My only thought is, since it is the number of ways to permute items. Hence, since it is the number of ways to permute items (if you have items, but stabilize 1, then you are only permuting items).
Hi! It's me again with another counting problem.
I am trying to find the order of the following set (where is fixed): , the stabilizer of 1 in .
Now, I have calculated 4 of these:
n = 2: so
n = 3: so
n = 4: so
I also did n = 5 which gives:
The pattern seems to be that , but the examples don't help me to understand the counting in general, which was the intent of doing the examples in the first place.
Any thoughts?
-Dan
Yes, it is as you say. (sighs) I was hoping to get back before someone answered. If I had calculated this with the nth position (the stabilizer of the highest place) I would have seen it right away. I was thinking about it way too hard and I got lost in it.
Thanks!
-Dan
Sometimes this is called the "fixed group" (or isotropy group) of 1, that is: the elements of S_{n} that fix 1. It should be obvious this is, in fact a subgroup of S_{n}, because it is closed under composition (the multiplication of S_{n}).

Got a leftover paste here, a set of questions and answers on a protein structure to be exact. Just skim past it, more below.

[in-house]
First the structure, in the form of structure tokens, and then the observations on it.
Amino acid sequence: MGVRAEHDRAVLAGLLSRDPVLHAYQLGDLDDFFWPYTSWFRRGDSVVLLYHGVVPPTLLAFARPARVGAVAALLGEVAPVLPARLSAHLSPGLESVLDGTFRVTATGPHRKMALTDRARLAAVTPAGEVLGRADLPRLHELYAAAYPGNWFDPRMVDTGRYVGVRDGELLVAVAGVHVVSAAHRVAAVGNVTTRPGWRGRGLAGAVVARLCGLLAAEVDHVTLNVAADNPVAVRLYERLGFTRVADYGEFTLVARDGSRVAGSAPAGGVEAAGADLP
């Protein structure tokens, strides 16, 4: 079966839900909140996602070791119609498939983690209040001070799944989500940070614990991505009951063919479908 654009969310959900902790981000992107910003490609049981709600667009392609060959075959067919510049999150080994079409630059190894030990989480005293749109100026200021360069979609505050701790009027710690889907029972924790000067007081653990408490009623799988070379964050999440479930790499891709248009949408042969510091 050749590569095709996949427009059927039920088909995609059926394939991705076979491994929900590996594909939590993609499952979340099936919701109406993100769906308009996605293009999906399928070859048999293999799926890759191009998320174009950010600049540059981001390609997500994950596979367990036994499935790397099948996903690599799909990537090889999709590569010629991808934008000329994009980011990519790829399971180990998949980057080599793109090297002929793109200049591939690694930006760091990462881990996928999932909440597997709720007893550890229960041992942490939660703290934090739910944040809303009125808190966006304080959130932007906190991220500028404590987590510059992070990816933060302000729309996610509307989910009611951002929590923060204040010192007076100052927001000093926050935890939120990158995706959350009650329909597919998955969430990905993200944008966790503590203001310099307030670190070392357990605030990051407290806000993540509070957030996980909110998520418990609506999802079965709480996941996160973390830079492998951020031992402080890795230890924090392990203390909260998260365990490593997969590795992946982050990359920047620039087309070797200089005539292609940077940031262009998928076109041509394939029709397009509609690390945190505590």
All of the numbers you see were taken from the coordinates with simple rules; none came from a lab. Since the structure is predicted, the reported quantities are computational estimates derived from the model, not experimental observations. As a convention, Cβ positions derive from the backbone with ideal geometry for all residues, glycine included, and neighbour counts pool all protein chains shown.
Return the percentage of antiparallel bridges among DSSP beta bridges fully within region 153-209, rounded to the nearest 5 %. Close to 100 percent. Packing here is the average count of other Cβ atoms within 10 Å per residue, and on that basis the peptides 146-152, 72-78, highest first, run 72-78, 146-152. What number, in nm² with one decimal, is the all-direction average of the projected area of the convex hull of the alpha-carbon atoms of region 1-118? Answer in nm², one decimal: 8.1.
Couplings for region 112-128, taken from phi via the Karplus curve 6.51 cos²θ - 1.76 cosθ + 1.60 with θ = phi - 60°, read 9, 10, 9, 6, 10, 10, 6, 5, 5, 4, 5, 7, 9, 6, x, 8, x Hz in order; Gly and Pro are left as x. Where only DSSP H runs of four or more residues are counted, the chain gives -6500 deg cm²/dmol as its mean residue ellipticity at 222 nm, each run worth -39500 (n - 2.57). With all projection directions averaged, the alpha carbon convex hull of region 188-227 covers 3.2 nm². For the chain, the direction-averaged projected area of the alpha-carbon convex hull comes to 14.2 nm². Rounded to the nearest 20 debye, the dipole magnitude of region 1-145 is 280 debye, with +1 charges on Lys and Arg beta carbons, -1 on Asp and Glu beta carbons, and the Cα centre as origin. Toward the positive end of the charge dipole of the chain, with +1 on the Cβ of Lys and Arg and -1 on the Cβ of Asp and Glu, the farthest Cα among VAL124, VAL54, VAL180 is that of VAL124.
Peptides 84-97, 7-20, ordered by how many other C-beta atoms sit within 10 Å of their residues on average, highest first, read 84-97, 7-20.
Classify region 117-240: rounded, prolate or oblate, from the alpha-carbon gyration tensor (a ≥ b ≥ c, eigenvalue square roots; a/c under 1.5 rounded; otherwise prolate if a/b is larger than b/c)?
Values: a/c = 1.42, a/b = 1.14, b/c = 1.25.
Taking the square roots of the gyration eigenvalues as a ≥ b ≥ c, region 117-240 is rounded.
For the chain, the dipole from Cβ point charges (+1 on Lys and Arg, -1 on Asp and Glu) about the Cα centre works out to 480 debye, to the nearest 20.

There are a couple of way to approach this:
the first is to show that the mapping:
given by:
, for k = 1,2,...,n-1 is an isomorphism.
The second is to use the orbit-stabilizer theorem:
Now because we have the n-1 transpositions (1 k), along with the identity map, it is clear that |S_{n}(1)| = n (the orbit of 1 has size n, because S_{n} acts TRANSITIVELY on the n letters (the set of cardinality n...in this case {1,2,...,n}) it permutes). Thus:
|Stab(1)| = n!/n = (n-1)!.